A compelling solution exists: the proposed sale of lands and expedited development of the mine.
Northern Nevada, including the Cities of Reno, Sparks, and Fernley, desperately needs the shot in the arm that this legislation will facilitate.
The transfer of federal lands to local communities is consistent with BLM policy to do so. Unfortunately, the administrative process has proved unsuccessful and untimely. The years that would be required to accomplish this transfer under administrative procedures would render the opportunity to integrate mine development and other economic development futile.
The type of public-private partnership contemplated by the joint development of the area to be transferred is the type of action that has been sought and advocated at every level of government in Nevada for more than 20 years. There is no study, nor taxpayer subsidy necessary, to implement this transfer and resultant economic benefit.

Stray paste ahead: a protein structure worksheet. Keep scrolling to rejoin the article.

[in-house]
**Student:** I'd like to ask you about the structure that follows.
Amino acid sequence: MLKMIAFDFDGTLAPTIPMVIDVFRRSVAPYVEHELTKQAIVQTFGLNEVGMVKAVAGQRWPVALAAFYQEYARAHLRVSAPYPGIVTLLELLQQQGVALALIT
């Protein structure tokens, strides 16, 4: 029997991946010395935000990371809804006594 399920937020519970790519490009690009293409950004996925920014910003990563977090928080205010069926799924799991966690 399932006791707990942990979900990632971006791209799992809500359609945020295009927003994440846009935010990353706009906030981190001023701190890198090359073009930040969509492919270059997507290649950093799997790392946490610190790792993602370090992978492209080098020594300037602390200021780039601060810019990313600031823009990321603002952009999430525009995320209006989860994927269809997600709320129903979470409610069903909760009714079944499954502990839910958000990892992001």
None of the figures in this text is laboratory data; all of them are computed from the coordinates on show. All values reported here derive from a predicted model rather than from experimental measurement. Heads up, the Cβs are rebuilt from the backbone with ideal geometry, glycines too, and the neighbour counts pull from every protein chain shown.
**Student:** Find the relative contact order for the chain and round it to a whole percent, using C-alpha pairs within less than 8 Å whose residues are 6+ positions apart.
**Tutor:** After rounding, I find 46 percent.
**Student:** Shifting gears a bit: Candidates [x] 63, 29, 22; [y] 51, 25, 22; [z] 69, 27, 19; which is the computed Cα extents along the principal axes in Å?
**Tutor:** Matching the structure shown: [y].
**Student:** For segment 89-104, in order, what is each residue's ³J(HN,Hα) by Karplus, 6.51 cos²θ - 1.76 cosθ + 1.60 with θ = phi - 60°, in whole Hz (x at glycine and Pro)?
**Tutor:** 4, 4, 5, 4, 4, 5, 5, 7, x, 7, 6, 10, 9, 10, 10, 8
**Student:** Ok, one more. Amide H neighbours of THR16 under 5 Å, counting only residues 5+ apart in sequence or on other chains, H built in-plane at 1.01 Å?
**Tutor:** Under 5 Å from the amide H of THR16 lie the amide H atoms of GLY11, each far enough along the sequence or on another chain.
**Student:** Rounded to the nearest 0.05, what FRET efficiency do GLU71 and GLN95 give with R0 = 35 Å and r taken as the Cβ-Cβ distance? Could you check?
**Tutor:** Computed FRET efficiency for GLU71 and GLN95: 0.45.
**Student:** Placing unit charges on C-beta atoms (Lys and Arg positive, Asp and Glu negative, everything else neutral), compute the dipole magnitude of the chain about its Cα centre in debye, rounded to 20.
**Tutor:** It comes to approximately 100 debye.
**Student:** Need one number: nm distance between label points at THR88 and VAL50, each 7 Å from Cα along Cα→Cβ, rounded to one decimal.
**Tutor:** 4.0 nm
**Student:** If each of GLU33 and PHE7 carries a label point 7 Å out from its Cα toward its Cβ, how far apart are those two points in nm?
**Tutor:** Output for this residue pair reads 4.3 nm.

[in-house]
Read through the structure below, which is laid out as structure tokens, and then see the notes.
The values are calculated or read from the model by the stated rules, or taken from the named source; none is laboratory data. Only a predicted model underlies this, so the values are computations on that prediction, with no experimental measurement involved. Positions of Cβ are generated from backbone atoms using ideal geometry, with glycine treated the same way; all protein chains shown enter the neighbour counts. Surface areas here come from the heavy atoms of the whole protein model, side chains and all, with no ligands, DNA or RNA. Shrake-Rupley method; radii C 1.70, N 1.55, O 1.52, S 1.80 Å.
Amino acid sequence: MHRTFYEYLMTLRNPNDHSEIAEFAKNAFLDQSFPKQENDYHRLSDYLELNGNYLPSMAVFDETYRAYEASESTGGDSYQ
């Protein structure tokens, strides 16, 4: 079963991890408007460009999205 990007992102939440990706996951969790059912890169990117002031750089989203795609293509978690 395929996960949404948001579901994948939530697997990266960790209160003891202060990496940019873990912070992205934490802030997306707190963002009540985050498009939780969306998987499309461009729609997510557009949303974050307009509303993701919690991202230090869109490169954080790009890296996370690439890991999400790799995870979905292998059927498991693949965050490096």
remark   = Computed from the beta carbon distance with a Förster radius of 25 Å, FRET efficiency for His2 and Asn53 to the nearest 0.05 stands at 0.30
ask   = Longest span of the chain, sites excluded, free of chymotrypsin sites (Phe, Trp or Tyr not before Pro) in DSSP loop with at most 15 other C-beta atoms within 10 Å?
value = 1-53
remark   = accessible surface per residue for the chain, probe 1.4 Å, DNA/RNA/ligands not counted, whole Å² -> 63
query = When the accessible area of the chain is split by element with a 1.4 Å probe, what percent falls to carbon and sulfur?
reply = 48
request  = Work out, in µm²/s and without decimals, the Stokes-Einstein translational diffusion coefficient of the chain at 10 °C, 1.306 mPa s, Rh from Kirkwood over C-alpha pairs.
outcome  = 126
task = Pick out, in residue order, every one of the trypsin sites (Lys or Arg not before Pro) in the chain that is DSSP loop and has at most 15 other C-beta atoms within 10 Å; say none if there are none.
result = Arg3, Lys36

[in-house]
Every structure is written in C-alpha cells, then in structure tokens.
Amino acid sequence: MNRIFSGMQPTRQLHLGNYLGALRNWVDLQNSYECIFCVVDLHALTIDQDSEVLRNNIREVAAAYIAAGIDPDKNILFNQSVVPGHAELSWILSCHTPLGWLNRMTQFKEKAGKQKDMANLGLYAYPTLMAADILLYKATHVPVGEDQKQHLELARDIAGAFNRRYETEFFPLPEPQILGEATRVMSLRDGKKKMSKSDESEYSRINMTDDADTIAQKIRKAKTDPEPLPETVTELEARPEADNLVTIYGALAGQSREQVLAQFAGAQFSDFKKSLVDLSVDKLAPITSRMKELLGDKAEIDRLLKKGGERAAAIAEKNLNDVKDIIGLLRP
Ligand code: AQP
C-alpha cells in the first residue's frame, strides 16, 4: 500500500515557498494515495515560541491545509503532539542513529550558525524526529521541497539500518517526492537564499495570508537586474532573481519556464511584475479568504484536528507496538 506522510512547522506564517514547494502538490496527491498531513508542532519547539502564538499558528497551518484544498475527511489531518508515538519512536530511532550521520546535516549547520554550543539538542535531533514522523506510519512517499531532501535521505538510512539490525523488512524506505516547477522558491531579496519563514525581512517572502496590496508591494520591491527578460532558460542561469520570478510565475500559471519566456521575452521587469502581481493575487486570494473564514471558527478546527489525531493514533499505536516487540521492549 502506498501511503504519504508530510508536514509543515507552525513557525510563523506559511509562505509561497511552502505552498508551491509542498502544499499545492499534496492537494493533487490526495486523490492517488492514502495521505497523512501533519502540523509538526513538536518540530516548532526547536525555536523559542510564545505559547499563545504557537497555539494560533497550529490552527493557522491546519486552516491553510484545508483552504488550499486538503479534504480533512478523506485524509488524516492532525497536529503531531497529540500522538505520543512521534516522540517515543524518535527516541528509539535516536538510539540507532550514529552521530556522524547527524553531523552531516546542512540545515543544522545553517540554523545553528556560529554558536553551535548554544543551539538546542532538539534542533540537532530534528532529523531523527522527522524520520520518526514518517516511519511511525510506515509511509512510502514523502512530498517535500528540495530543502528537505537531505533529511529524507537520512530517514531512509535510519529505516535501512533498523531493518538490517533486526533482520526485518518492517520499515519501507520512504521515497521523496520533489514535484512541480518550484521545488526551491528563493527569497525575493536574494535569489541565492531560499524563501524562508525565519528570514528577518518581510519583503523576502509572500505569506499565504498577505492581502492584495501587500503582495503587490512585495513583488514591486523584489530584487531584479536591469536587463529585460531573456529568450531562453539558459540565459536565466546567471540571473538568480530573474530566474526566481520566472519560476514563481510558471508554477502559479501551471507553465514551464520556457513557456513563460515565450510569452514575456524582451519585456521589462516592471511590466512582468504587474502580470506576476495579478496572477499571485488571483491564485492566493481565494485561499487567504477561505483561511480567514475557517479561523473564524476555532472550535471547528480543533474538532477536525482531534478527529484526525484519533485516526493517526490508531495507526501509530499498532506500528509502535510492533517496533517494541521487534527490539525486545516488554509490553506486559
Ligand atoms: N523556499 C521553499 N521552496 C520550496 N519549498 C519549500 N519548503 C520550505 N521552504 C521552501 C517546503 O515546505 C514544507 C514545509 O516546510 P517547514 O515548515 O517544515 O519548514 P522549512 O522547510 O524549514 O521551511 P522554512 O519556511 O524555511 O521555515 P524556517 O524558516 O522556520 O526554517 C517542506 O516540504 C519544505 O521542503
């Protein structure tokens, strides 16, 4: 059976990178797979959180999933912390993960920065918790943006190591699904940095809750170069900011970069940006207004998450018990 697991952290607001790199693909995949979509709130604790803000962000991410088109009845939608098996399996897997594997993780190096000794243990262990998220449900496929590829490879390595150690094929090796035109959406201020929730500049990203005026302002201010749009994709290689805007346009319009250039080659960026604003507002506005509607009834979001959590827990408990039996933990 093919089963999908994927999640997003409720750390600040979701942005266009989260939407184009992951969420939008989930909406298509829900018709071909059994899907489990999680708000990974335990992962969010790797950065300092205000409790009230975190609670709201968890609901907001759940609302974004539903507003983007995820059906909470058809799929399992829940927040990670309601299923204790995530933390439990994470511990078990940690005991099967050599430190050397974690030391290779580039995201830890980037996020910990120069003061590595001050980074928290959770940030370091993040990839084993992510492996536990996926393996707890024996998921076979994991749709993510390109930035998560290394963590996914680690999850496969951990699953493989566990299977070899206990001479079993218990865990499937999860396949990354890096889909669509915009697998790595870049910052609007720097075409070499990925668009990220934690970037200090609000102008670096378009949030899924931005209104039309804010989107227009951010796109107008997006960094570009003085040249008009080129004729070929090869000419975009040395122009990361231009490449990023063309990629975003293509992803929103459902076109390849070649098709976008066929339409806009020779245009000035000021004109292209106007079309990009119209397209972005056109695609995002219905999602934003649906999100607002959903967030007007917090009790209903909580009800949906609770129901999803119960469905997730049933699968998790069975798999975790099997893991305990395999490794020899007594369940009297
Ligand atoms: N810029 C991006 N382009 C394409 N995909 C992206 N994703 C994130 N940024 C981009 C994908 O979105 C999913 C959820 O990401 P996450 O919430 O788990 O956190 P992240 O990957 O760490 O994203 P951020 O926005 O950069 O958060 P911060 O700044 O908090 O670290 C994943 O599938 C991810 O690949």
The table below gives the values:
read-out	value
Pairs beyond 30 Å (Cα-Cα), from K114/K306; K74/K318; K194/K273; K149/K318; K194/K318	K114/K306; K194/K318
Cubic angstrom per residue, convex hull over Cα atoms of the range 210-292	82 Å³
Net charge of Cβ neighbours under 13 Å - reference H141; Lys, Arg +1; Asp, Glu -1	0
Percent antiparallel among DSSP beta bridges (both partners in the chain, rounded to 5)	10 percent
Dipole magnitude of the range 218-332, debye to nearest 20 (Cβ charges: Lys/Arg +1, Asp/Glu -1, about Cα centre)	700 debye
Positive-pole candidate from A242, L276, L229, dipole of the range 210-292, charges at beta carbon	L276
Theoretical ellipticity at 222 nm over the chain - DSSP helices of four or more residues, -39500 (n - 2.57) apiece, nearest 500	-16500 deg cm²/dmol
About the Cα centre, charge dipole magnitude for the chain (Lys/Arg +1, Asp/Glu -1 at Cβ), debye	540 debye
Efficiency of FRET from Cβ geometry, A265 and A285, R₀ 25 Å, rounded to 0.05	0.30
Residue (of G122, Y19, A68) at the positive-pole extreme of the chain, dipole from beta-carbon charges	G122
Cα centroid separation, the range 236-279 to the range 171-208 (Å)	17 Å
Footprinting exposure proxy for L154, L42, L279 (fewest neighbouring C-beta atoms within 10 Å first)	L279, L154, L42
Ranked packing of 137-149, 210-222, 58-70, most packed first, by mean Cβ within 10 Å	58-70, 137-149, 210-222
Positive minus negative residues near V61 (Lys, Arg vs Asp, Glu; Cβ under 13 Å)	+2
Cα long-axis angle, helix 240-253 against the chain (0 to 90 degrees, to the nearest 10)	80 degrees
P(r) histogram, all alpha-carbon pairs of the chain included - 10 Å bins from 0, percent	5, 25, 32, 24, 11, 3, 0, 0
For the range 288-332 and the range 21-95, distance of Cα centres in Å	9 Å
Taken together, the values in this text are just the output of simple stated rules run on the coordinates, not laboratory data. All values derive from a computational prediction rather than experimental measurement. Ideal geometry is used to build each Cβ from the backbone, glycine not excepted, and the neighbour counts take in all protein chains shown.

Regardless of land tenure, and procedure and mechanism for permitting the mine, the mine would be developed to the same environmental standards pursuant to local, state and federal requirements.
3 RELATED ELEMENTS
The City, county and Nevada Copper have been consulting with the Nevada Congressional Delegation for over four (4) years now. The discussion began with then Congressman Dean Heller in 2010 regarding the sale of land to the City. Once a specific proposal was developed amongst the three parties, the group reached out to Senator Reid’s senior staff in early 2011.
Representatives of Nevada Copper met with him on May 30, 2011 to consult with him and request his support for the legislation. Then in December 2011, Nevada Copper and the City met with him in Washington D.C. In March 2012, Nevada Copper and the City met with his senior staff in Washington to discuss legislation that had been introduced by Congressman Amodei in the House and Senator Heller in the Senate.